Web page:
View of the audience - without faces - at the Panel Discussion on "Drawing Together"
a 15 minute sketch at the Ulster Festival of Art and Design in Belfast 12.03.15.

The Big Painting Challenge: An Exclusive Interview with....

The WH Smith blog has interviews with some of the artists.  I can find two so far.

Little Painting Challenge

You can see some 'examples' of postcards re. the Little Painting Challenge on the Big Painting Challenge website

Live Sketch Off Competition

Think you can do better than the participants on The Big Painting Challenge?

Why not try the WHSmith / Derwent Pencils Live SketchOff tomorrow night? See the WHJ Smith blog for more details - but basically you've got 90 minutes from 7pm tomorrow night. Clear the decks! :)
On Tuesday 17th March, join us on Facebook or Twitter at 7pm as we reveal the subject that we want you to sketch. Just like on The Big Painting Challenge, we’ll be setting a time limit of 90 minutes, during which you will need to demonstrate your sketching skills by drawing a mystery subject that we’ll post on the night. You’ll then have until 8.30pm to upload the finished results to Facebook, Twitter, Pinterest or Instagram using the hashtags #WHSArt and #SketchOffYour artwork will be reviewed by Derwent once all your entries are in and a winner will be announced the next day. The winner will receive a set of 72 Derwent sketching pencils, all presented in a beautiful box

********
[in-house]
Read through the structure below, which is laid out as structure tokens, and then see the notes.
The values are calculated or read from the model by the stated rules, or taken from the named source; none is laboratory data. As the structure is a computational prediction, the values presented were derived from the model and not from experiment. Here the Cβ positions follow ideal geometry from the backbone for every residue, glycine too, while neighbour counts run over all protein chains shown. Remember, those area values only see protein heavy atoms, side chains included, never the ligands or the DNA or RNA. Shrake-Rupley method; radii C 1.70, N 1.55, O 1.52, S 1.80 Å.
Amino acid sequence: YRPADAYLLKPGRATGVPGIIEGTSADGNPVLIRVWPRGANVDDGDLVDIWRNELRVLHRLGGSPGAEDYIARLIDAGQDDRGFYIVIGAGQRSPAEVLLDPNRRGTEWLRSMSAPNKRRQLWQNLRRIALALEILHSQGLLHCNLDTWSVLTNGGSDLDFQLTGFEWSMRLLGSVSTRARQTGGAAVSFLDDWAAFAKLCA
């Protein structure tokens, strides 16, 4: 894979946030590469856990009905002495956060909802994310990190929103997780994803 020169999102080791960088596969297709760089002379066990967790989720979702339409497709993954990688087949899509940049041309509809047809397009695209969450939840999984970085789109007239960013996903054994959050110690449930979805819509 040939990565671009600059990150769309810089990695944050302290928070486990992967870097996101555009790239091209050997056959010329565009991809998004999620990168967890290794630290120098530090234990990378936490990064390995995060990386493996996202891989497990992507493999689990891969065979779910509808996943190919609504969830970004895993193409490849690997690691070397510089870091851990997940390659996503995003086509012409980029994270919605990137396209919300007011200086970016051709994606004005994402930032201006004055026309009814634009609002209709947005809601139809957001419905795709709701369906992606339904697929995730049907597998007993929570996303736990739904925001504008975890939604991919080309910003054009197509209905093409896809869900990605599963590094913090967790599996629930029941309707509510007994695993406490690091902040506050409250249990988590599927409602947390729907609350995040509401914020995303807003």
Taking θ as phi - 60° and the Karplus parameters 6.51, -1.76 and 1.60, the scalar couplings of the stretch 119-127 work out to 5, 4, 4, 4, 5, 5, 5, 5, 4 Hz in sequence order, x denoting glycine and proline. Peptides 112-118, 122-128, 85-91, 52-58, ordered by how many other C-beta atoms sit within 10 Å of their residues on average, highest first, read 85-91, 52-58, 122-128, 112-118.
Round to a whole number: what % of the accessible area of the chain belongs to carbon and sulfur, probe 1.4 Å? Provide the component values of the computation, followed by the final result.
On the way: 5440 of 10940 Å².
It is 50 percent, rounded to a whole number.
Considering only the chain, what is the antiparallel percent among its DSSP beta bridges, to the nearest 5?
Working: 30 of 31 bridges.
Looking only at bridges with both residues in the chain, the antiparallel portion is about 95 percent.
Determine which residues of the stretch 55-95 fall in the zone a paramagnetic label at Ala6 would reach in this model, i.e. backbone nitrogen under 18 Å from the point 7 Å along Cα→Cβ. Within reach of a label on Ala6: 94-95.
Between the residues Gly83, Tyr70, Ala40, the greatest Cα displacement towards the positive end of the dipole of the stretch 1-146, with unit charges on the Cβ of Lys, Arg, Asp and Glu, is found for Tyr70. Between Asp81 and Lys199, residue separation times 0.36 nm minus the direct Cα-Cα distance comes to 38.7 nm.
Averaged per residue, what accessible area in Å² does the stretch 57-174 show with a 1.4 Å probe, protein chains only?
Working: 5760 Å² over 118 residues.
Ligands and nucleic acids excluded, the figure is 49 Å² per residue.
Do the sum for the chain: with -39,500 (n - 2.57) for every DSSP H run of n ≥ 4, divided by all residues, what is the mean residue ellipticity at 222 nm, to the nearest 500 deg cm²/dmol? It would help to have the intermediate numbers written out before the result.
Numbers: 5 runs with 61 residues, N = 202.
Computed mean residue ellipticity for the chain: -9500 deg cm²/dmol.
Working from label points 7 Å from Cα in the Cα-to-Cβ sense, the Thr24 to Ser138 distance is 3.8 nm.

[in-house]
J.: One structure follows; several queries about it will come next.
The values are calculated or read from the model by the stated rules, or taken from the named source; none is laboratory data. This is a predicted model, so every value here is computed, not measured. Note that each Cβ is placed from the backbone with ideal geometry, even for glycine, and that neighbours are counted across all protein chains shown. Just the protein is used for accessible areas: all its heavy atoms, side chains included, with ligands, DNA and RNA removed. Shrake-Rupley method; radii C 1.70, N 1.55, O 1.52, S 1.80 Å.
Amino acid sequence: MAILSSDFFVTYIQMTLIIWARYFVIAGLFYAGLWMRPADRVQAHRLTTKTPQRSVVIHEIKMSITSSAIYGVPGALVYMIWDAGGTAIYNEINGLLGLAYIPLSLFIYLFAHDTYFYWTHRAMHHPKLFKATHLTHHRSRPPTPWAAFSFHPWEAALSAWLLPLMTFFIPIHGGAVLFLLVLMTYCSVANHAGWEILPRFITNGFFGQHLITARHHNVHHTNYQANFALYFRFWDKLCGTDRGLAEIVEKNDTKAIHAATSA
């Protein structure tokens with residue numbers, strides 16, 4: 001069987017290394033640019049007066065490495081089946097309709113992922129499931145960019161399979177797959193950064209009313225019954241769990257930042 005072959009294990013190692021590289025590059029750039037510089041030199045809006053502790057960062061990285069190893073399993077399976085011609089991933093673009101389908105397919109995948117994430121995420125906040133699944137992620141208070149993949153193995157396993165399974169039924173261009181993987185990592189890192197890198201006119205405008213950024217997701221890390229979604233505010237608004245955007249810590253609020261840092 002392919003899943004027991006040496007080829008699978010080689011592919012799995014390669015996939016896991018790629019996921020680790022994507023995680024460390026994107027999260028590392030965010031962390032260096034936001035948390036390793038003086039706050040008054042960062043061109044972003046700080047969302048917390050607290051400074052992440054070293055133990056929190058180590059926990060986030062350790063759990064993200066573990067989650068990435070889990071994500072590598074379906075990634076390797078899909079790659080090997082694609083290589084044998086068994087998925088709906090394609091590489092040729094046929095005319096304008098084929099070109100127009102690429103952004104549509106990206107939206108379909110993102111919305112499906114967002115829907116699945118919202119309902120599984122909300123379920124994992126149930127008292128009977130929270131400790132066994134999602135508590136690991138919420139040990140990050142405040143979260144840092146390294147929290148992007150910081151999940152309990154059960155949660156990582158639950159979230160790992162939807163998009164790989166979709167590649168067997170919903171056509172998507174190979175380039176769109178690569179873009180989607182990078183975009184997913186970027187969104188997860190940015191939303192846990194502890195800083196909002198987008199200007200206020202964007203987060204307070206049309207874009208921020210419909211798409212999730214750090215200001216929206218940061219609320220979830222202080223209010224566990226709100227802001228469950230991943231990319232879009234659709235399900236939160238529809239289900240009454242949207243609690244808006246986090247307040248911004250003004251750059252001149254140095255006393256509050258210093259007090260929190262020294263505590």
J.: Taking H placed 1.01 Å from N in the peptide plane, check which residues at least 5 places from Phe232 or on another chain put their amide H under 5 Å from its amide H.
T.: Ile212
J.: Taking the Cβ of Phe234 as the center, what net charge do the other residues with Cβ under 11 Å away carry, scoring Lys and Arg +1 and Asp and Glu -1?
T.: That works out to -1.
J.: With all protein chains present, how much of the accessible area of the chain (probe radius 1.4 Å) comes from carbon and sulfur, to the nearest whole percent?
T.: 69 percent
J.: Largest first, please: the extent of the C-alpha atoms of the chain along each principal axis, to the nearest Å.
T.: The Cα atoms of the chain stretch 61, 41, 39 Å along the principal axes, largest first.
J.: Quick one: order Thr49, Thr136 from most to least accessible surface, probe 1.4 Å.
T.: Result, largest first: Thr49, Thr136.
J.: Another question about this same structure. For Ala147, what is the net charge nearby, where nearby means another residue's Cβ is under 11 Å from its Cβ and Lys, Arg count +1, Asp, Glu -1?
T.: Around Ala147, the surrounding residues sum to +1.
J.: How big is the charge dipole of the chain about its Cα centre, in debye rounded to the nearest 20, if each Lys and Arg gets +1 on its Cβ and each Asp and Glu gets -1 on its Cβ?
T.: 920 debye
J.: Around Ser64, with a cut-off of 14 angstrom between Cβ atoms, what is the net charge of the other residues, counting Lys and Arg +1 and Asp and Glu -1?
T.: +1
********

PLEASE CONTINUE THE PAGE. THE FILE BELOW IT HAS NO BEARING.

Ethna said...

Hi Katherine. I've been enjoying your posts on TBPC and wishing we could get it here in Oz, but happily this morning, I saw the Ep 3 on youtube (as you had advised).
Great to see the people you've been talking about. Yes, I think Paul is the stand-out, but I also like Anne!
Hope I can see more episodes.
Thanks for all you wonderful posts!
Regards Ethna

theartistsday said...

Hi Katherine, yes I think the comments are fair. It does make my blood boil when you go to a class and even your most awful, inept work is wonderful. You've paid to learn and need instruction There is nothing wrong with constructive criticism. I was sorry to see Anthea go .I liked her honesty. Mary

Jana Bouc said...

I'm so glad you alerted us to this very enjoyable show and that I simultaneous heard about the VPN app "Cloak" that is allowing me to see the show here in the U.S. as if I was in the U.K. The thing that strikes me most is how much more civilized and genteel British reality competition shows are than US ones. Even the music is pleasant as opposed to the "Jaws" type of music in our reality shows and contestants are humble and not saying mean things about each other.